On March 8, 2022, Julie Hill-Gabriel, Audubon's Vice President for Water Conservation and Interim Vice President for Coastal Conservation, submitted the following testimony to the U.S. House Committee on Natural Resources; Subcommittee on Water, Oceans, and Wildlife.

 

Oversight Hearing: Klamath River Basin Conditions and Opportunities

March 8, 2022

Chair Huffman, Ranking Member Bentz, and Members of the Subcommittee, thank you for the opportunity to submit a statement on behalf of the National Audubon Society (Audubon) and several of our Audubon chapters in the Klamath region.

Audubon’s mission is to protect birds and the places they need, today and tomorrow. Audubon represents 1.9 million members and has over 460 affiliated chapters, 23 state offices, and 41 nature centers across the country. As your Subcommittee considers the Klamath River Basin and related water needs, I urge you to ensure that the water needs for birds and their critical habitats, particularly those areas located within Lower Klamath and Tule Lake National Wildlife Refuges (hereafter, Klamath NWRs), are sustained. These refuges are also priorities for Klamath Basin Audubon Society, Portland Audubon Society, and the Oregon Audubon Council. The Klamath region is also recognized by the National Audubon Society as the Klamath Basin – Clear Lake Important Bird Area.

The Klamath NWRs are part of the Pacific Flyway, essential for millions of migratory waterbirds, shorebirds, and raptors, including the largest concentration of Bald Eagles in the lower 48 states. Birders have spotted over 260 species at the refuges and birding is an important source of tourism dollars for local economies throughout the region. For instance, the Winter Wings Festival, held in the Klamath Basin, attracts approximately 500 birders and photographers to the area every year. With sufficient water, the refuges are capable of providing habitat for between one and six million birds during the fall migration. Unfortunately, the water resources in the Basin are drastically overallocated. Drought and extreme heat, exacerbated by climate change, are creating a tragic situation. Migratory and wetland-dependent bird species have already lost around 75 percent of the Klamath Basin’s historic wetlands. The refuges are last in line to receive water and are too dry in most years to sustain the birds, wildlife, and communities dependent on these ecological resources. Audubon scientists are tracking to see if some critical migration stopovers like the Klamath Basin have so little habitat that birds may be choosing to bypass these locations altogether, flying further southwards or to coastal estuaries, stretching their limited time and resources to try and reach healthy habitat.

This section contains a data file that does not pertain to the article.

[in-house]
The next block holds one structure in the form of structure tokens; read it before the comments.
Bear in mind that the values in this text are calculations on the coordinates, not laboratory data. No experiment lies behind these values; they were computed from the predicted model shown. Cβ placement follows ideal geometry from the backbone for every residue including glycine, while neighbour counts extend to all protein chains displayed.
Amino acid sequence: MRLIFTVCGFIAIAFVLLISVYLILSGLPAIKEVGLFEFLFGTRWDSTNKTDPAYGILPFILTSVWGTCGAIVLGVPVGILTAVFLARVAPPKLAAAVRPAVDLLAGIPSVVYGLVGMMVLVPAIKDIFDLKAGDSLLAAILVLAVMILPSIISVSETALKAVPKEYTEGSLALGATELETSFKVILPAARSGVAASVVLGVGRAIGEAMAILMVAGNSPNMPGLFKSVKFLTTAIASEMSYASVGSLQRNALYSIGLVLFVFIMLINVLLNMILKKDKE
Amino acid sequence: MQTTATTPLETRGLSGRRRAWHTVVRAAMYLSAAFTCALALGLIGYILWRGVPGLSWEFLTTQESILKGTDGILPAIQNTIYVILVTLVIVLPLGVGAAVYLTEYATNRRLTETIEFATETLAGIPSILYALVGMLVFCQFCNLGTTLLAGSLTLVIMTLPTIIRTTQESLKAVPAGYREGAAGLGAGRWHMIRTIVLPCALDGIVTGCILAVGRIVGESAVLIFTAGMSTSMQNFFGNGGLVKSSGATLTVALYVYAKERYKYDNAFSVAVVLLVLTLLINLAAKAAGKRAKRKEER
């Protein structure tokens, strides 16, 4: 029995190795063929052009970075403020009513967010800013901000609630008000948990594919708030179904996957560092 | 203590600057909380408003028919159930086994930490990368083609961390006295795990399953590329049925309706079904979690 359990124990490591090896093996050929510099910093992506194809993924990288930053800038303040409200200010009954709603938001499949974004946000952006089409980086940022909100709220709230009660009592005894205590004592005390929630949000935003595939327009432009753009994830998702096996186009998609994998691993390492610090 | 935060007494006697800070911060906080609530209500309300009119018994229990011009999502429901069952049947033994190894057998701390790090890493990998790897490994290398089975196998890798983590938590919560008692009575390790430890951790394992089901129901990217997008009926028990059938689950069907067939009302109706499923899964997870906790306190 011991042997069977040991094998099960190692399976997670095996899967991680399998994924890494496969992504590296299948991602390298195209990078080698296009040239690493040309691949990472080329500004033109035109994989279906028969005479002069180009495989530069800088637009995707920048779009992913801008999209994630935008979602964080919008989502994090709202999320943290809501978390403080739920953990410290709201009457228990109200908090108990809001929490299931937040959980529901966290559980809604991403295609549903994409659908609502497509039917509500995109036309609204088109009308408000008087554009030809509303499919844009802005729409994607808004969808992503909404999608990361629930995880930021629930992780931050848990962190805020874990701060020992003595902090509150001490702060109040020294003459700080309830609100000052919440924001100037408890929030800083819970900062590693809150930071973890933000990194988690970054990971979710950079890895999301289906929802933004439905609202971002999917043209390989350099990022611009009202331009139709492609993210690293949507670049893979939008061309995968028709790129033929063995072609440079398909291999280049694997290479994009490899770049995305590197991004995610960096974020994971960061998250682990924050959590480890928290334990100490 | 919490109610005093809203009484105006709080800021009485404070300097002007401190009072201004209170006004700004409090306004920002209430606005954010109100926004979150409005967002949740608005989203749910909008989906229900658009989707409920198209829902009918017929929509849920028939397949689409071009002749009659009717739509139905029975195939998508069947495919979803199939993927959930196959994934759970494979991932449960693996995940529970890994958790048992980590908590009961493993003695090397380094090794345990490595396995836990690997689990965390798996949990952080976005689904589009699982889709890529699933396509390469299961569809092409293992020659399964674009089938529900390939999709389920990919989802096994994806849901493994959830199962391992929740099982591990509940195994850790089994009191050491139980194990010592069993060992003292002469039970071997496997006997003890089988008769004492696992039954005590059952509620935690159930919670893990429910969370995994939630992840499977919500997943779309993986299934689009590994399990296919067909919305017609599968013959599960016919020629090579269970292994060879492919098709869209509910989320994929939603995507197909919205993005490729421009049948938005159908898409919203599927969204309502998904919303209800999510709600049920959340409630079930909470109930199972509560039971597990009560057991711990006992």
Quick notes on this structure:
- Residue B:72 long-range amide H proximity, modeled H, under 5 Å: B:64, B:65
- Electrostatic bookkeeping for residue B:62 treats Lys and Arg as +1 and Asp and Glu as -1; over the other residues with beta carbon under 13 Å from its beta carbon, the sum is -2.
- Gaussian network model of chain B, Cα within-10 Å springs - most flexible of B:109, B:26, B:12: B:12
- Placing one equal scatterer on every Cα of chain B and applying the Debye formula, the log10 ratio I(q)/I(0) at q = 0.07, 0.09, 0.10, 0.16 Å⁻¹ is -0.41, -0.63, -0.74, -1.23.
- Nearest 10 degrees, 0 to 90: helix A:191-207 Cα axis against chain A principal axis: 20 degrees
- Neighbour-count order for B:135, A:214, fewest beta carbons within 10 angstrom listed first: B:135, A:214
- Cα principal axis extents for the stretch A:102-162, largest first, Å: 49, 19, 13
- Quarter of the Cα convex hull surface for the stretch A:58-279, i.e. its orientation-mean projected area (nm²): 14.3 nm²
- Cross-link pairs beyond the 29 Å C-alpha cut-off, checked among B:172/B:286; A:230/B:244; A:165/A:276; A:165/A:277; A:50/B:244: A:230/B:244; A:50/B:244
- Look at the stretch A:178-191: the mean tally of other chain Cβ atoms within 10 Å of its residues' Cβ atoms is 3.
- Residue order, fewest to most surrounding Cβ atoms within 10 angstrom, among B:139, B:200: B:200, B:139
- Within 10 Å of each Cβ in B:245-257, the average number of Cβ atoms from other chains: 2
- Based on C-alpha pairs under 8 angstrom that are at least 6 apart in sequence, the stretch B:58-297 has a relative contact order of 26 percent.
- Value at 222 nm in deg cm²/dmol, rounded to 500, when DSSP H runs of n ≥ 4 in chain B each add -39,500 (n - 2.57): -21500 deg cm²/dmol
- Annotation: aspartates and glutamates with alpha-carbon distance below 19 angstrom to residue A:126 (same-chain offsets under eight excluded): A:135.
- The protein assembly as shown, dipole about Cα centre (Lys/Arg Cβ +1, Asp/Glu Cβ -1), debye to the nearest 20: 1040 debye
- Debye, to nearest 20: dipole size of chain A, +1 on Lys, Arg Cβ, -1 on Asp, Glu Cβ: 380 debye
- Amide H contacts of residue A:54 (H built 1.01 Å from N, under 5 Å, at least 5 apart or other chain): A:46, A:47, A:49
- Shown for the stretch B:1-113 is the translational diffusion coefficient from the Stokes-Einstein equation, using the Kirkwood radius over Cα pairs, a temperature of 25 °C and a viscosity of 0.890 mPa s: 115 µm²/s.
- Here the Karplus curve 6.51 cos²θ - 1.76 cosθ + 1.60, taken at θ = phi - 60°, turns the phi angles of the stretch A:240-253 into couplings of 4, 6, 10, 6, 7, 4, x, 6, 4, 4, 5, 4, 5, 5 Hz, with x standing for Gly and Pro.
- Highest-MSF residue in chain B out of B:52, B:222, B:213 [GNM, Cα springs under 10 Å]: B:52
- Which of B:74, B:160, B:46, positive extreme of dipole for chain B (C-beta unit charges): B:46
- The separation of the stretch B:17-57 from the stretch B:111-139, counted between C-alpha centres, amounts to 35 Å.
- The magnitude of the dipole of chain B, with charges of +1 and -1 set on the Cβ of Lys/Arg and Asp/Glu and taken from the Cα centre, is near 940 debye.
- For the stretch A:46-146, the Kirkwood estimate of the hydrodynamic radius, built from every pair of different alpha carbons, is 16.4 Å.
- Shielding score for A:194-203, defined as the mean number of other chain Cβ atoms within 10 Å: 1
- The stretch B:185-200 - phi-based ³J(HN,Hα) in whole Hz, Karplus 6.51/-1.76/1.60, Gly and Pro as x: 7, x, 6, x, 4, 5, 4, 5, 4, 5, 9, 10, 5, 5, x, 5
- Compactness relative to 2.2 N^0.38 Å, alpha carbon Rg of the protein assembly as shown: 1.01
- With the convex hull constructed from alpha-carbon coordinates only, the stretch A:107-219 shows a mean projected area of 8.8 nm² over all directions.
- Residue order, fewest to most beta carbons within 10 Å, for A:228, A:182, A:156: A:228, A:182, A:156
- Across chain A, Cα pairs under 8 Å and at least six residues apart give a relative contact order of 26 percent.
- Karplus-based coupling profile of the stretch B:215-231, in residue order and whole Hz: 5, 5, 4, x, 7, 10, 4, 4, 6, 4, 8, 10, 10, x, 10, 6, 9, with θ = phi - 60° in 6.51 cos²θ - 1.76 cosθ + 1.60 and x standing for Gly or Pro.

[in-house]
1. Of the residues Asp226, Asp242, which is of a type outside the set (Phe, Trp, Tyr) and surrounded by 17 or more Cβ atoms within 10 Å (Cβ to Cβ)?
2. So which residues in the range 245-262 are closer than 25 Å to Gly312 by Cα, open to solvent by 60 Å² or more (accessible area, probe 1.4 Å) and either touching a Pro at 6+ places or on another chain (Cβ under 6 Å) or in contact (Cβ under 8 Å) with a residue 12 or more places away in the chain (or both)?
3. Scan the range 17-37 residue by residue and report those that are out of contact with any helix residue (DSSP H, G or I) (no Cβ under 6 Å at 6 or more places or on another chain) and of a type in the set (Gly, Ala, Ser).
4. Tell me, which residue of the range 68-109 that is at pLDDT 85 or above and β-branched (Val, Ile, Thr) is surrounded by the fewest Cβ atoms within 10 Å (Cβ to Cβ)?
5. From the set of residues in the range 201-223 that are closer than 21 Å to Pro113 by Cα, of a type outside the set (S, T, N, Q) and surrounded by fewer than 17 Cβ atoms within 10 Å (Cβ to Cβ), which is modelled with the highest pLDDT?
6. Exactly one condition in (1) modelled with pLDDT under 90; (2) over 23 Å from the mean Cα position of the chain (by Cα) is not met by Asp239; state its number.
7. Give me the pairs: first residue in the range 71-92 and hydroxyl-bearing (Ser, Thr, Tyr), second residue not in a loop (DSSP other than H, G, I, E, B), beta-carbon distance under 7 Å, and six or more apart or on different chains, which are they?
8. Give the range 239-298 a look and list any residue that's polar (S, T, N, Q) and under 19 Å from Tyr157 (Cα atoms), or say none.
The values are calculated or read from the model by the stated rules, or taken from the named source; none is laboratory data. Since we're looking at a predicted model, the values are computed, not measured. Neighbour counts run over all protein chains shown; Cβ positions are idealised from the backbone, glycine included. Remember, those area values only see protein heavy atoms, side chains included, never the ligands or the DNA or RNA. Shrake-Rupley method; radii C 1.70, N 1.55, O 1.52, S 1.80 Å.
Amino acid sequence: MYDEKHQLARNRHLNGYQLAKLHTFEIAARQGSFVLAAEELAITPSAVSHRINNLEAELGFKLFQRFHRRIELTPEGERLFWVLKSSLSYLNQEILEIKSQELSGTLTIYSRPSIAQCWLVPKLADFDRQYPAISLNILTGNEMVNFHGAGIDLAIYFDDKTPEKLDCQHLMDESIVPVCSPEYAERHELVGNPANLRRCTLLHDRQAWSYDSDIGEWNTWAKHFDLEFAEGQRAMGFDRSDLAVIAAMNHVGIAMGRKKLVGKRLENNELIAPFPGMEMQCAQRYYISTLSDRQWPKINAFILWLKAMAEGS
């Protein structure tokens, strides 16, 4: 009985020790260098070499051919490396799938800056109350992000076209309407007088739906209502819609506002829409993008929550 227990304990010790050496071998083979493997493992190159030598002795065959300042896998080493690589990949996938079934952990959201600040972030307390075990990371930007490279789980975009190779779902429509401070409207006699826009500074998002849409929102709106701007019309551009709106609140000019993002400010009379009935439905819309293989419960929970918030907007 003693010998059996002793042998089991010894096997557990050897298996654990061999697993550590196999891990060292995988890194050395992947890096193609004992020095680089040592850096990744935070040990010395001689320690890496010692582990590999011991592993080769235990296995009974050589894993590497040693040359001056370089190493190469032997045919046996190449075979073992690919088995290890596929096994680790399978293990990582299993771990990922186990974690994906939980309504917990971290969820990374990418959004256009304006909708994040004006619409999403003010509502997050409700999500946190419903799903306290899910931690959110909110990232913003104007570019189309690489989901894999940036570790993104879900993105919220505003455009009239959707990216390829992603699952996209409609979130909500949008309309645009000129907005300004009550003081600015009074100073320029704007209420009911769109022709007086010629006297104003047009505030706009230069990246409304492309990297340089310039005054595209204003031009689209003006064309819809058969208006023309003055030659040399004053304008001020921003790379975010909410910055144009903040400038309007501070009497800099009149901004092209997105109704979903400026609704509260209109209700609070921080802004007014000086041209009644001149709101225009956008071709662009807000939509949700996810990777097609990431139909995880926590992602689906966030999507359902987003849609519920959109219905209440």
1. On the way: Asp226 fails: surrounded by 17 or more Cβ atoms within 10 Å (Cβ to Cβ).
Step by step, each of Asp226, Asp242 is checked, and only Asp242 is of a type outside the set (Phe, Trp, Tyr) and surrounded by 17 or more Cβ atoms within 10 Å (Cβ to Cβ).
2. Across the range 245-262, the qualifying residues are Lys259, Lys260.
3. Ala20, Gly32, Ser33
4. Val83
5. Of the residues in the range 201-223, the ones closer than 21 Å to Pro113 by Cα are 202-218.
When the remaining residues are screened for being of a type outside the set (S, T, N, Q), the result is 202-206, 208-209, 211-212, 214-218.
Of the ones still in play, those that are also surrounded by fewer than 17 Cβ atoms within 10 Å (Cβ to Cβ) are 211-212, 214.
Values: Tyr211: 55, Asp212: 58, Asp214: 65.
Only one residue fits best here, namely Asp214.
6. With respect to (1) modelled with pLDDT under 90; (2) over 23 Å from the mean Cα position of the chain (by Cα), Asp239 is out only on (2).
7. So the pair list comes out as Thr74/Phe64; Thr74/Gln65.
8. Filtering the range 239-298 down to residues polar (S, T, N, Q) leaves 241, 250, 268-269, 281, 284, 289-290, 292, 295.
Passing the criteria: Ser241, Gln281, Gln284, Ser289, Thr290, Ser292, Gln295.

As historic drought conditions continue in the West, increasingly stark impacts are felt by communities, birds, and wildlife. The combination of drought and heatwaves can push birds to their physiological limits, leading to lethal dehydration. In drought times, birds may also congregate at the remaining dwindling water spots, causing conditions ripe for the spread of disease. These extreme conditions occurred at Klamath NWRs in 2020, when over 60,000 birds died from an avian botulism outbreak caused and exacerbated by a lack of water. The Klamath Basin is a molting region, which means waterbirds in particular stop in the area to shed juvenile feathers and grow flight feathers. While this process is occurring, birds are immobile. When diseases occur or habitat is threatened, the effects are magnified because the birds are unable to fly away to a new location.

Yet, despite the critical challenges facing the region, opportunities exist. The recent Infrastructure Investment and Jobs Act (IIJA) included an additional $162 million for the Klamath Basin. The IIJA, which provides additional authorizations and appropriations for a range of conservation and community programs, included historic amounts of funding for transportation networks, climate resilience and clean energy programs, and numerous conservation and clean water programs across the country to address climate change. The funding for the Klamath Basin can be used for a variety of purposes, including habitat improvement and ecosystem restoration, which hopefully will accelerate a comprehensive set of solutions to protect the water resources of the entire region. We encourage a portion of that funding to be focused on the Klamath NWRs for water acquisition and infrastructure improvements for the refuge complex. I thank this Subcommittee for your work on the IIJA.

The Klamath Basin is a beautiful region, home to Northern Pintail, Long-billed Dowitcher, Black-necked Stilt, and more species. Eighty percent of the migrating waterfowl in the Pacific Flyway depend on its existence. Unfortunately, there is not enough water to meet all the demands from farmers, Tribes, and wildlife, including endangered fish.

The refuges should not be the lowest priority to receive water given their biological importance. We continue to hear about significant amounts of federal funding for the Klamath Basin directed to other users, but refuges are in dire need as well. We support efforts to save the Klamath NWRs by U.S. Fish and Wildlife Service leaders and ask that you look for continued opportunities to secure and prioritize public funding as an investment in permanent solutions that protect birds, fish, and other wildlife in the Klamath Basin, including the water and habitat needs of its refuges.

Thank you,

Julie Hill-Gabriel
Vice President for Water Conservation
Interim Vice President for Coastal Conservation
National Audubon Society

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